By Ryan Ekvall | Wisconsin Reporter
MADISON — President Obama has long relied on the seemingly unshakable support of organized labor.
But the fissures in that constituency are starting to show, perhaps no more clearly than in Obama’s peddling of the Trans Pacific Partnership, a so-called free-trade agreement the union movement calls “NAFTA on steroids.”
More than 100 demonstrators, mostly from organized labor, rallied Saturday on the steps of the statehouse in Madison to protest the TPP, in negotiation between representatives from the United States and 11 other countries, mainly in Southeast Asia.
Labor asserts the partnership will further damage the United States’ working class by shipping more jobs overseas. Beyond the usual complaints with such “free-trade” agreements, critics contend the TPP isn’t free and has surprisingly little to do with trade.
The countries it would cover make up 40 percent of the world’s gross domestic product and about 800 million people in Japan, Malaysia, Vietnam, Singapore, Chile, Mexico, Brunei, Australia, New Zealand, Peru, Canada and the United States.
“The TPP affects everything we care about: food, health care, Internet privacy, finance, regulations, worker’s rights, the environment, the list goes on,” said Margaret Flowers of FlushtheTPP.org, which shows support from the Occupy movement and various labor groups.
She calls the agreement-in-progress a “global corporate coup” and cites the more than 600 corporate special interests with access to the trade negotiations — the AFL-CIO does, too — while the public remains in the dark.
The Obama administration has a different take on the TPP. Here’s a snippet from a July news release by the Office of the U.S. Trade Representative, which is housed in the executive office:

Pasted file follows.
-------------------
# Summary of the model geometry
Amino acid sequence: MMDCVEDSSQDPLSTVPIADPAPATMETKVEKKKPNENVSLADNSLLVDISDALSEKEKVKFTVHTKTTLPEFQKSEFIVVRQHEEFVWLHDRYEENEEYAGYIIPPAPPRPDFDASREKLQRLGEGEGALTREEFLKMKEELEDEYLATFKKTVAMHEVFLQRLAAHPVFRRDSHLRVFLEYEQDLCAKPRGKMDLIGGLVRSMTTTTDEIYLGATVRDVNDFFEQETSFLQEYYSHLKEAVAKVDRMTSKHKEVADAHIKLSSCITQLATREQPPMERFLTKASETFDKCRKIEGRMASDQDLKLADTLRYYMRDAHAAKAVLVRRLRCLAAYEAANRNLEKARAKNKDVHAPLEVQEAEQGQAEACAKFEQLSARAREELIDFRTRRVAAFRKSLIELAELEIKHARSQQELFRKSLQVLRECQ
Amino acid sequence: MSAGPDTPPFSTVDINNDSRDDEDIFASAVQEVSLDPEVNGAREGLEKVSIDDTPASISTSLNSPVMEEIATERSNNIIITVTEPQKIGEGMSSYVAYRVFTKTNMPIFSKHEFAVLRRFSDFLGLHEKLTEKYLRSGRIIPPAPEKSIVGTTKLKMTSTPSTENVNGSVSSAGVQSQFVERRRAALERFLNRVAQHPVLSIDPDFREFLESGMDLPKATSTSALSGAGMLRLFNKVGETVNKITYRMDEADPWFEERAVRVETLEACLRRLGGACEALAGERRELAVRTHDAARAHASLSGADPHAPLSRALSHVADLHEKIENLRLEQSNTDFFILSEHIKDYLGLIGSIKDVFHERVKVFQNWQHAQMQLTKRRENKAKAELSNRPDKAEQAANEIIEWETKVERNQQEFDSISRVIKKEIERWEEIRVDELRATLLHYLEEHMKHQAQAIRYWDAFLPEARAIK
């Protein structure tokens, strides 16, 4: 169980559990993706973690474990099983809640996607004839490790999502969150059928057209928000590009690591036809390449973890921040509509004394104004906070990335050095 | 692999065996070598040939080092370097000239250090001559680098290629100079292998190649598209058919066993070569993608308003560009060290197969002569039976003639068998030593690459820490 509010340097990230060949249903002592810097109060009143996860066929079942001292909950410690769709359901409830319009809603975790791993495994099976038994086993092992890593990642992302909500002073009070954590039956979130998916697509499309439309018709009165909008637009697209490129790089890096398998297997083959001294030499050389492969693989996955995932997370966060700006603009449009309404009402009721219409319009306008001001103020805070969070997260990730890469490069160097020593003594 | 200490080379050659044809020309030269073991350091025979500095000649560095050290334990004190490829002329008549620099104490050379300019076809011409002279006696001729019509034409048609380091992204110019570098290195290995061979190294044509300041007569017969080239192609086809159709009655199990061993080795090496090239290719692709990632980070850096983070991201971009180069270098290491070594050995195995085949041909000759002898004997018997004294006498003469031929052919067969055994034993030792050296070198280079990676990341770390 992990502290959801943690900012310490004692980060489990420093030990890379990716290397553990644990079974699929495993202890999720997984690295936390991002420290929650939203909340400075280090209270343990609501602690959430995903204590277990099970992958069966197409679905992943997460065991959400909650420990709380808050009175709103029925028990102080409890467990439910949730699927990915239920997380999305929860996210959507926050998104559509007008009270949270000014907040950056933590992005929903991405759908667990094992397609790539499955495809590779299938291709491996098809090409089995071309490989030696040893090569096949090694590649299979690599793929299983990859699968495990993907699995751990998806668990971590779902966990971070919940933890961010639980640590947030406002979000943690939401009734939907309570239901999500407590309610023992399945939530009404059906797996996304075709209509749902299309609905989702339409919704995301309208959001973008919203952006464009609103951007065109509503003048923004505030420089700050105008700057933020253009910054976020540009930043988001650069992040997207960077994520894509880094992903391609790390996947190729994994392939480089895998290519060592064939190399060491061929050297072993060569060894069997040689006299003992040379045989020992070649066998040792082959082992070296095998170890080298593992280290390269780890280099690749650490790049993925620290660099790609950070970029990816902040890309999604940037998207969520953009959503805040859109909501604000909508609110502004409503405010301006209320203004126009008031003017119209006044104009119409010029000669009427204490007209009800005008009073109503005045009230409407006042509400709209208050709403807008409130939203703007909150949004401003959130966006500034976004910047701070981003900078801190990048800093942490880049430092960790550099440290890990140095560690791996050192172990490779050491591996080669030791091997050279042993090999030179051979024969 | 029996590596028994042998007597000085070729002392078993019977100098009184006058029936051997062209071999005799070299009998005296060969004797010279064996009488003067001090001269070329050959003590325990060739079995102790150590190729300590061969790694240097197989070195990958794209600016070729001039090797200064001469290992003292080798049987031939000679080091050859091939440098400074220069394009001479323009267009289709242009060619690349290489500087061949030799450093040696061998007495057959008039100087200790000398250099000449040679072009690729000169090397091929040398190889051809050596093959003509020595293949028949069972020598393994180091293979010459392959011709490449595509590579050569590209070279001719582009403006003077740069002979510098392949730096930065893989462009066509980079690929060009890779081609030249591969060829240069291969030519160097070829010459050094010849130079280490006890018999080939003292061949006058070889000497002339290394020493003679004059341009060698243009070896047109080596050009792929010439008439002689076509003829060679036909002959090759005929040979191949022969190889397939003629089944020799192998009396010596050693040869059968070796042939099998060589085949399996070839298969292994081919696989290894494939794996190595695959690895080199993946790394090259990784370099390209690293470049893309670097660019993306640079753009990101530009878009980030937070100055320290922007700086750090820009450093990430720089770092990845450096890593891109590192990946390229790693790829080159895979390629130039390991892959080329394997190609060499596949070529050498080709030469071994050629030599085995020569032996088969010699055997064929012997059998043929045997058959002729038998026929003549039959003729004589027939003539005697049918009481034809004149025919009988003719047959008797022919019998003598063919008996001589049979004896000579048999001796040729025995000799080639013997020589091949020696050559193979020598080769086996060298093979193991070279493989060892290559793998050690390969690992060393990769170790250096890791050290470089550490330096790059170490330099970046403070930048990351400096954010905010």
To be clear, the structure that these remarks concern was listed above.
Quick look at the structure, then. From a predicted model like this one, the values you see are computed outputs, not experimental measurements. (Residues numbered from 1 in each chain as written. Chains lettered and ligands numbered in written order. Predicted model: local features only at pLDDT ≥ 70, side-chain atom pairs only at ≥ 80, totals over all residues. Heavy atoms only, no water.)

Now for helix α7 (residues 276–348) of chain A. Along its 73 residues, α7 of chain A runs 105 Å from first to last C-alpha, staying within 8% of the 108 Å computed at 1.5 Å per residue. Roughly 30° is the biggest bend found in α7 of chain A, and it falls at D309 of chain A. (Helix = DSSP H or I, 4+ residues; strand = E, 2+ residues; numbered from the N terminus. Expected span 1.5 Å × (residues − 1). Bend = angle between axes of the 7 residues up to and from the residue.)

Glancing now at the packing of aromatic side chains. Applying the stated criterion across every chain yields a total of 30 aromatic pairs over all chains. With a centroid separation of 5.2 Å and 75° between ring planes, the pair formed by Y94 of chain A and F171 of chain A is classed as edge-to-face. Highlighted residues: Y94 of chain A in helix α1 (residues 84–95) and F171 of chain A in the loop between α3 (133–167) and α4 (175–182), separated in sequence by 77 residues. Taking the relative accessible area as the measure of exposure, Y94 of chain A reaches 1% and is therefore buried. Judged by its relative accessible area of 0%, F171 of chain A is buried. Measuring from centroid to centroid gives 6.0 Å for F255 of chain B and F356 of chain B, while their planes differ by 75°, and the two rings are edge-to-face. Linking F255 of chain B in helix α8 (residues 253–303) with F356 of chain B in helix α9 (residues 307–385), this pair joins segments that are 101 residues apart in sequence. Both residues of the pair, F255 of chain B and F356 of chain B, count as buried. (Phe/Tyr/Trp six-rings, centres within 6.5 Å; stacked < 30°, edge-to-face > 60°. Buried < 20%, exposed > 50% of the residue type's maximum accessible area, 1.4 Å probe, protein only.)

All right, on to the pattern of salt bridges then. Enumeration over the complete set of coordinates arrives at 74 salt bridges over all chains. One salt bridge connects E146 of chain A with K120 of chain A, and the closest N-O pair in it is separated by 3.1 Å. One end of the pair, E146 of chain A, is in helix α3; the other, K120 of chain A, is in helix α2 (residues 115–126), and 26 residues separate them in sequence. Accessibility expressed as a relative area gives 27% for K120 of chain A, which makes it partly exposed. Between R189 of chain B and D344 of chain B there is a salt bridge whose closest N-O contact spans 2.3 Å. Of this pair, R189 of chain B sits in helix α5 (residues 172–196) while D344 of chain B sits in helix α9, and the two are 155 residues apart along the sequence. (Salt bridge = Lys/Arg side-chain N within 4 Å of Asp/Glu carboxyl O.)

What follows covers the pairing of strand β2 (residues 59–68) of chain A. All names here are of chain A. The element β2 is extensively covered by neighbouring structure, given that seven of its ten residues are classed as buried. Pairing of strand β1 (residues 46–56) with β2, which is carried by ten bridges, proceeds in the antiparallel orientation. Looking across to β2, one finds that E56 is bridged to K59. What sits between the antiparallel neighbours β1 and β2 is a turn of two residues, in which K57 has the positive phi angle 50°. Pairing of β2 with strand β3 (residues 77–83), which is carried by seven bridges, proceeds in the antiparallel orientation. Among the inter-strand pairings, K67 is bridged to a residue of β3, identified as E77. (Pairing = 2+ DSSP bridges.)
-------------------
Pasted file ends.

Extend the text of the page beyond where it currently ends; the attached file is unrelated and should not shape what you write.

“Through the TPP, the United States is seeking to advance a 21st-century trade and investment framework that will boost competitiveness, expand trade and investment with the robust economies of the Asia Pacific, and support the creation and retention of U.S. jobs, while promoting core U.S. principles on labor rights, environmental protection, and transparency.”
The good …
The Trans Pacific Partnership looks to remove barriers to trade, such as tariffs and quotas on certain goods and products. That’s good news for American consumers of imported goods, and likewise makes American exports more affordable for the foreign consumer.
A 2011 Congressional Research Service paper found, “If enacted the TPP would eliminate 11,000 tariff lines among the parties.”
The specifics of which tariffs are targeted for removal and which will be protected are not yet available.
“What I often see as a problem, in talking about trade, is the mercantilist emphasis that only exports are good. This really looks to completely eliminate tariffs,” said Frances Smith, adjunct fellow of trade at the Competitive Enterprise Institute, a Washington, D.C.-based free enterprise think tank. “That’s not the case in most trade agreements. We have some high tariffs on certain goods and services, as do many of the other 11 countries.”
Smith, who also serves on a U.S. Trade Representatives advisory committee, said lower tariffs mean lower prices for consumers and manufacturers who use imported goods in production.
It also opens the door for U.S. interests in the growing Asian market, she said.
“What could be very exciting is we’re not a big player in the Asia-Pacific region. That’s a rapidly developing, rapidly growing area of the world economically,” she said. “(TPP) presents a new opportunity for opening up Japanese markets (for exporters) and imports as well.”
The TPP also looks to streamline regulations that slow or prevent international trade.
“They’ve (TPP negotiators) made a big deal of wanting to tackle regulatory barriers, government policies that make it harder to sell goods in other countries,” said Sallie James, a trade policy analyst at the libertarian Cato Institute.
James said that includes things such as predictable customs standards that make it easier for TPP firms to tap into regional production and supply chains.
… the bad and the ugly
A free-trade agreement by definition contains restrictions, or there would be no need for an agreement. But it sounds so much better than what it is: a special interest-approved, multi-governmental managed trade agreement.